respectively, where *σ* is the vector preference for sheep relative to cattle. The seasonal vector activity [24] on day *t* is given by
(3)
normalised so the maximum value is one. The force of infection for vectors, *λ*_{V}, is
(4)
where *β* is the probability of transmission from an infected host to a vector and *Y*^{(C)} and *Y*^{(S)} are the total number of infected cattle and sheep, respectively.

Infection on a farm was related to reported clinical disease by assuming there was a daily probability of a farm with infected cattle or sheep reporting clinical disease, *ζ*_{C} and ζ_{S}, respectively, where 0≤*ζ*_{C},ζ_{S}≤1.

Parameters in the model are summarised in S1 Table. The reciprocal of the time interval between blood meals (*a*), the vector mortality rate (*μ*) and the reciprocal of the mean EIP (*ν*) were assumed to vary with the local temperature (see S1 Table for details).

Population sizes in the model take integer values, while transitions between compartments are stochastic processes (S2 Table). The number of transitions of each type during a small time interval *δt* was drawn from a binomial distribution with population size *n* and transition probability *q* (the appropriate *per capita* rate multiplied by *δt*) (S2 Table). However, binomial random variables are computationally expensive to simulate and an approximating distribution was used wherever possible. If: (i) *nq*(1-*q*)>25; (ii) *nq*(1-*q*)>5 and 0.1<*q*<0.9; or (iii) min(*nq*,*n*(1-*q*))>10, an approximating normal variate with mean *nq* and variance *nq*(1-*q*) was used, while if *q*<0.1 and *nq*<10, an approximating Poisson variate with mean *nq* was used [25].

### Transmission of bluetongue virus between farms

To describe the spread of BTV between farms, a stochastic, spatially-explicit model with a daily time-step was used. Transmission between farms was assumed to occur via two routes: movement of infected animals or dispersal of infected vectors.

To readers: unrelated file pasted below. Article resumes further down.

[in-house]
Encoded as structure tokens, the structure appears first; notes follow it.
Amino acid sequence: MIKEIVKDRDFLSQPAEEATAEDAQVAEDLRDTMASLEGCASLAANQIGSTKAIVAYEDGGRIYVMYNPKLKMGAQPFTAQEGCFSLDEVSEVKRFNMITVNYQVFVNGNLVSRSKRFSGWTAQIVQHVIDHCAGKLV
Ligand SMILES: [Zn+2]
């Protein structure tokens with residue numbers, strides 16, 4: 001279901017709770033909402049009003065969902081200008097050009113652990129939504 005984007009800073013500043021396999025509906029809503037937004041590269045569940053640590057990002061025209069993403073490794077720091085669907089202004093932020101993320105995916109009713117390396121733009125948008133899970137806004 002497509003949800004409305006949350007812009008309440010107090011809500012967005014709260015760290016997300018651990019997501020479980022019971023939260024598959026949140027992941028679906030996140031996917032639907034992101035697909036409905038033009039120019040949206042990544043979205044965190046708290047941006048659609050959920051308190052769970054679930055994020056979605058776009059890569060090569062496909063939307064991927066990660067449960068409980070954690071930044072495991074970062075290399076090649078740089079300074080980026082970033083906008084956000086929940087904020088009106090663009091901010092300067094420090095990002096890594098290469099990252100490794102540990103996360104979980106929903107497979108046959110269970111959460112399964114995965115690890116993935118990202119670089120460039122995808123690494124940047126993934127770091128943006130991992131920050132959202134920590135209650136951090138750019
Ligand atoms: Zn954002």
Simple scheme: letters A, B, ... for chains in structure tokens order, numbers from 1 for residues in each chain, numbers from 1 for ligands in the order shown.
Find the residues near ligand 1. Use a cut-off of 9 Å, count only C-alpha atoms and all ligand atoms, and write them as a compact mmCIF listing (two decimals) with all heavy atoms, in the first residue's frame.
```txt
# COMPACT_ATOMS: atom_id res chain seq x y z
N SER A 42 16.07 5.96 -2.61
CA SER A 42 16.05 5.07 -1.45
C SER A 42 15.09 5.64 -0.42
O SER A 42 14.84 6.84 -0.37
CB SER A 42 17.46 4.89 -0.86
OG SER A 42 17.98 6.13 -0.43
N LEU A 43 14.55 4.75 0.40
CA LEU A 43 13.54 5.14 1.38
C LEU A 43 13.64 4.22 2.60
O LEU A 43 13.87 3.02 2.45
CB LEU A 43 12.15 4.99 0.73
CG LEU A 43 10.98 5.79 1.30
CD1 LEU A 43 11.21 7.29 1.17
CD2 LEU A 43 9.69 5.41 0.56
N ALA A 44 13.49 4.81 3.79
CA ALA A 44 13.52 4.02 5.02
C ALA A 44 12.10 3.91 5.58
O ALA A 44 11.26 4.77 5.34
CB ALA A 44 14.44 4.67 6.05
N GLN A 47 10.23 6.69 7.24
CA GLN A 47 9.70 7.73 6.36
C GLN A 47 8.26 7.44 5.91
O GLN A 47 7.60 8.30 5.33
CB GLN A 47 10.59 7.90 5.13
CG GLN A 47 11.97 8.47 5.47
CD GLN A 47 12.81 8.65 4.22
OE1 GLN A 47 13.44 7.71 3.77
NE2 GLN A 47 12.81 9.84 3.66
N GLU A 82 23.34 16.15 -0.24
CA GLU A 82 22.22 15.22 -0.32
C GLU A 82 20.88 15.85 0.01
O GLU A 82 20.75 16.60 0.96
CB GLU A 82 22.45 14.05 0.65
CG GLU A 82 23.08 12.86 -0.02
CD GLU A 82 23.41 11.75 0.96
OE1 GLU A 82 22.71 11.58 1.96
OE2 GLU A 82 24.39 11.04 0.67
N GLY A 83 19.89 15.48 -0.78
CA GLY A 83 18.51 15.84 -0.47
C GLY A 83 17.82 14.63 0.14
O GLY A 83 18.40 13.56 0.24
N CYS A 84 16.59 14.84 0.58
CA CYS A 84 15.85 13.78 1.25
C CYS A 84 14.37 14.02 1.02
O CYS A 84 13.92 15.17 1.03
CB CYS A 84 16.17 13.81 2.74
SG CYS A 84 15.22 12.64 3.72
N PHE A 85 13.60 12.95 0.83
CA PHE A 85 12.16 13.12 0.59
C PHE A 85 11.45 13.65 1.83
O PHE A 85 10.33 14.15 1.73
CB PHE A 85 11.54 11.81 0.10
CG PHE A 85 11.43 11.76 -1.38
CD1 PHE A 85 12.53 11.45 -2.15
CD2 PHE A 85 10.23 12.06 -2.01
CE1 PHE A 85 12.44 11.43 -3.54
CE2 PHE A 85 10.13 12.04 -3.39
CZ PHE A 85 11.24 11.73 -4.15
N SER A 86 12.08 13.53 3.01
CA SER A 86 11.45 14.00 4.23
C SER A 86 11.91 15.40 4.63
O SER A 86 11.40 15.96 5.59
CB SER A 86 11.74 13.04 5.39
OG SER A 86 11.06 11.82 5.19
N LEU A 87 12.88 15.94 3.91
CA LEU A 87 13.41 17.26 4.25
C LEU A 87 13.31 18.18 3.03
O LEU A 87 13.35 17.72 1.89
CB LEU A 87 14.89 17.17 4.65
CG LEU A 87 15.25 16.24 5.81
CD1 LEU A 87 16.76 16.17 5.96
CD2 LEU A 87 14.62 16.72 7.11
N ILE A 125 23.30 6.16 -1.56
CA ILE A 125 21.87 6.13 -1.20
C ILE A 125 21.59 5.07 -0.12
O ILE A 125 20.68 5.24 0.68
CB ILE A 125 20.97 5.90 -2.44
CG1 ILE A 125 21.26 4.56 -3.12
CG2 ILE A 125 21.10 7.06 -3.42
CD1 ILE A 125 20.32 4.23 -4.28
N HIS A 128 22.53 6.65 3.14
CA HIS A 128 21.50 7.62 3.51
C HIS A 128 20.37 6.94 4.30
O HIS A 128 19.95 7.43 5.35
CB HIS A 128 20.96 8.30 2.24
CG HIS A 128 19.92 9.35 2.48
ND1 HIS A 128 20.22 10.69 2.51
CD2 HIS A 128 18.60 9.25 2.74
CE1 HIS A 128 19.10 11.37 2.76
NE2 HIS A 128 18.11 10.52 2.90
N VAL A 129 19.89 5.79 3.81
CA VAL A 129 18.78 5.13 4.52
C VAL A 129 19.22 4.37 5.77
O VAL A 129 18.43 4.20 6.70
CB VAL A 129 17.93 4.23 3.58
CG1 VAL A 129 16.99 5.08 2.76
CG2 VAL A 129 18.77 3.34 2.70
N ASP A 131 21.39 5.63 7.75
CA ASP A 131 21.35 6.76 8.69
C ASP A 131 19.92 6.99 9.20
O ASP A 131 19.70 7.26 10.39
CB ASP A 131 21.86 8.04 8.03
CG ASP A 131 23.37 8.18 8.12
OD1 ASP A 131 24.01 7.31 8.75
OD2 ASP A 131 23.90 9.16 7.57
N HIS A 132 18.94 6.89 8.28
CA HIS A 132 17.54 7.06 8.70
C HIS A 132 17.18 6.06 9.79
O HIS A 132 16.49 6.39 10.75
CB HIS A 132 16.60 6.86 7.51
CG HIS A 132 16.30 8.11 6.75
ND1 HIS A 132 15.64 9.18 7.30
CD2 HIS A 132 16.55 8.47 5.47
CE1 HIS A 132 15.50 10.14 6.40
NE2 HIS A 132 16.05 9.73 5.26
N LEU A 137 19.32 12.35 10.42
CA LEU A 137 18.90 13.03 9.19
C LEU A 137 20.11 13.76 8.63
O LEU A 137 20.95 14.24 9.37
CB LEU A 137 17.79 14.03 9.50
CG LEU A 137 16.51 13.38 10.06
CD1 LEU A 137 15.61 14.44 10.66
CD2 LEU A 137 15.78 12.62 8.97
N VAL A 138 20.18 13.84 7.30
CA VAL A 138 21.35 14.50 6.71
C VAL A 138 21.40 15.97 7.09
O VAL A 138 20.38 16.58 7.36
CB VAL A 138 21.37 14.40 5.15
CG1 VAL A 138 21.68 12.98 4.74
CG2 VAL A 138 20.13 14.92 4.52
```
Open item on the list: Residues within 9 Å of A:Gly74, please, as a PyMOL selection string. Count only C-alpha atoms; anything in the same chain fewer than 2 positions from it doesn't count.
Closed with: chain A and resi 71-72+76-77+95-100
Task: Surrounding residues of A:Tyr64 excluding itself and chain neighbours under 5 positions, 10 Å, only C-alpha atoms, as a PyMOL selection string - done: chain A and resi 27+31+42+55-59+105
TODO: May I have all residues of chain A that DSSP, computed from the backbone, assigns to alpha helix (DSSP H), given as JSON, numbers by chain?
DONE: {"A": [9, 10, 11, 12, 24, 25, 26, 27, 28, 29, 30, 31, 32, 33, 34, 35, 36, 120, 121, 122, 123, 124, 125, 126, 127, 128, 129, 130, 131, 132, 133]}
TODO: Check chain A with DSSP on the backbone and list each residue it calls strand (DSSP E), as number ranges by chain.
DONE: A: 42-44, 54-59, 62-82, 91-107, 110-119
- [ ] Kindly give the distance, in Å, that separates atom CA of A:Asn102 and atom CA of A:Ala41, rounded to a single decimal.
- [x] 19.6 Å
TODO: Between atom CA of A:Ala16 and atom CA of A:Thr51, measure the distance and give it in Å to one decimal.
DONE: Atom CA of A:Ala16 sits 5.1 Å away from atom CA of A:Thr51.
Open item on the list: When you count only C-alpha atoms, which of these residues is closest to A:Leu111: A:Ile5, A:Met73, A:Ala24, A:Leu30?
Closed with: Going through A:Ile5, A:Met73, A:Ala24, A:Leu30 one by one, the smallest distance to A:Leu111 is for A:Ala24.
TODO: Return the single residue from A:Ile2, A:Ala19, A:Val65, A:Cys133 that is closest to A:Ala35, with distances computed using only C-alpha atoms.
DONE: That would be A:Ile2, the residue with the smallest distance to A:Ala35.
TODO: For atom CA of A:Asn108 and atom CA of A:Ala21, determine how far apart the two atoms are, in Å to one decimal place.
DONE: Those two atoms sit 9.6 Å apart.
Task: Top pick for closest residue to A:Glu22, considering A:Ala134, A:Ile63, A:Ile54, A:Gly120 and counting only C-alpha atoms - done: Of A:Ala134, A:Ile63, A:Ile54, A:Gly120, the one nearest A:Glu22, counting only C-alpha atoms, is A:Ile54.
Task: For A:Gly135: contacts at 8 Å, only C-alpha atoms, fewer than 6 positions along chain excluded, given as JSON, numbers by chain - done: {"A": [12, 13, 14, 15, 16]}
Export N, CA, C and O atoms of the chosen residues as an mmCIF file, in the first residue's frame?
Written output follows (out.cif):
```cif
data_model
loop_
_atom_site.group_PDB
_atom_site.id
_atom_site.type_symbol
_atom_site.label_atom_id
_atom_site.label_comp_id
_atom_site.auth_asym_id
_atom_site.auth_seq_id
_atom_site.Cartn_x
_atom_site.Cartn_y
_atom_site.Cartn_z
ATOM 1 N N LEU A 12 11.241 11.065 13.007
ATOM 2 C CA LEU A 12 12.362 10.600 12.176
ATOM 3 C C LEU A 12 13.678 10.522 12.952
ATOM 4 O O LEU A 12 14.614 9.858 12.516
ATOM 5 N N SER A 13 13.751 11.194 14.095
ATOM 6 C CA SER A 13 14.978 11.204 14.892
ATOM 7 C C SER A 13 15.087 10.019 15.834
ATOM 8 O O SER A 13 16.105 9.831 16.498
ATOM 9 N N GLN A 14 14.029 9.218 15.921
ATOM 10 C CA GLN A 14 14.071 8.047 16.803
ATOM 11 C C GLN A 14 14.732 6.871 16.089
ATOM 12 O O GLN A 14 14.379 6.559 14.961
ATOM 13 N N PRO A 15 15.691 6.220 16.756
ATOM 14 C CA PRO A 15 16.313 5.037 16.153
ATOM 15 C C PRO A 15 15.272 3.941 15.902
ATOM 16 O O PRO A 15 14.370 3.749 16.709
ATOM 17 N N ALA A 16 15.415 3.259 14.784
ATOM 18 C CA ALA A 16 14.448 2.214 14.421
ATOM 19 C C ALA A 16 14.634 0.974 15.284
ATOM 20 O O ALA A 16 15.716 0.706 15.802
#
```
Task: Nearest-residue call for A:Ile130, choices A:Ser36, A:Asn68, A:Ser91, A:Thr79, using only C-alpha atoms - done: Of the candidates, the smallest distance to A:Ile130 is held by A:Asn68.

#### Movement of infected livestock.

Movement of infected livestock was modelled by the following sequence of steps. For each farm with infected cattle or sheep:

- determine the number of batches of animals moved off the farm that day, which depends on the number of animals on the farm and on the month;
- for each batch determine the batch size (i.e. number of animals moved) and then determine the number of infected animals in the batch (sampling without replacement);
- if there is at least one infected animal in the batch, determine where it is moved to:
- select the county to which the batch is moved based on the relative frequency of movements from the county in which the farm is located to all counties (including that in which the farm is located);
- select a herd or flock at random from the county and test if it buys-in animals that day (repeating as necessary until a farm does buy-in animals), where the probability depends on the number of animals on the recipient farm and on the month;
- if the herd or flock buying-in animals is uninfected, it acquires infection (i.e. the number of infected animals in the batch).

The distributions and parameters required for each step are described in detail in S1 Text. Parameters were estimated using data on recorded cattle and sheep movements for GB (S3 and S4 Tables).

#### Dispersal of infected vectors.

Long-distance dispersal of *Culicoides* biting midges over water has been linked to incursions of *Culicoides*-borne viruses to islands hundreds of kilometres from the nearest source of virus, where introduction via animal movements had been discounted [26–29]. By contrast, dispersal over land, as inferred from outbreak data, typically follows a stepping-stone pattern, with limited evidence of single, long-distance dispersal events [30–32]. This pattern of spread is consistent with *Culicoides* dispersal over land being a mixture of appetitive upwind flight towards host and habitat cues and short-range, wind-assisted flight [31,33].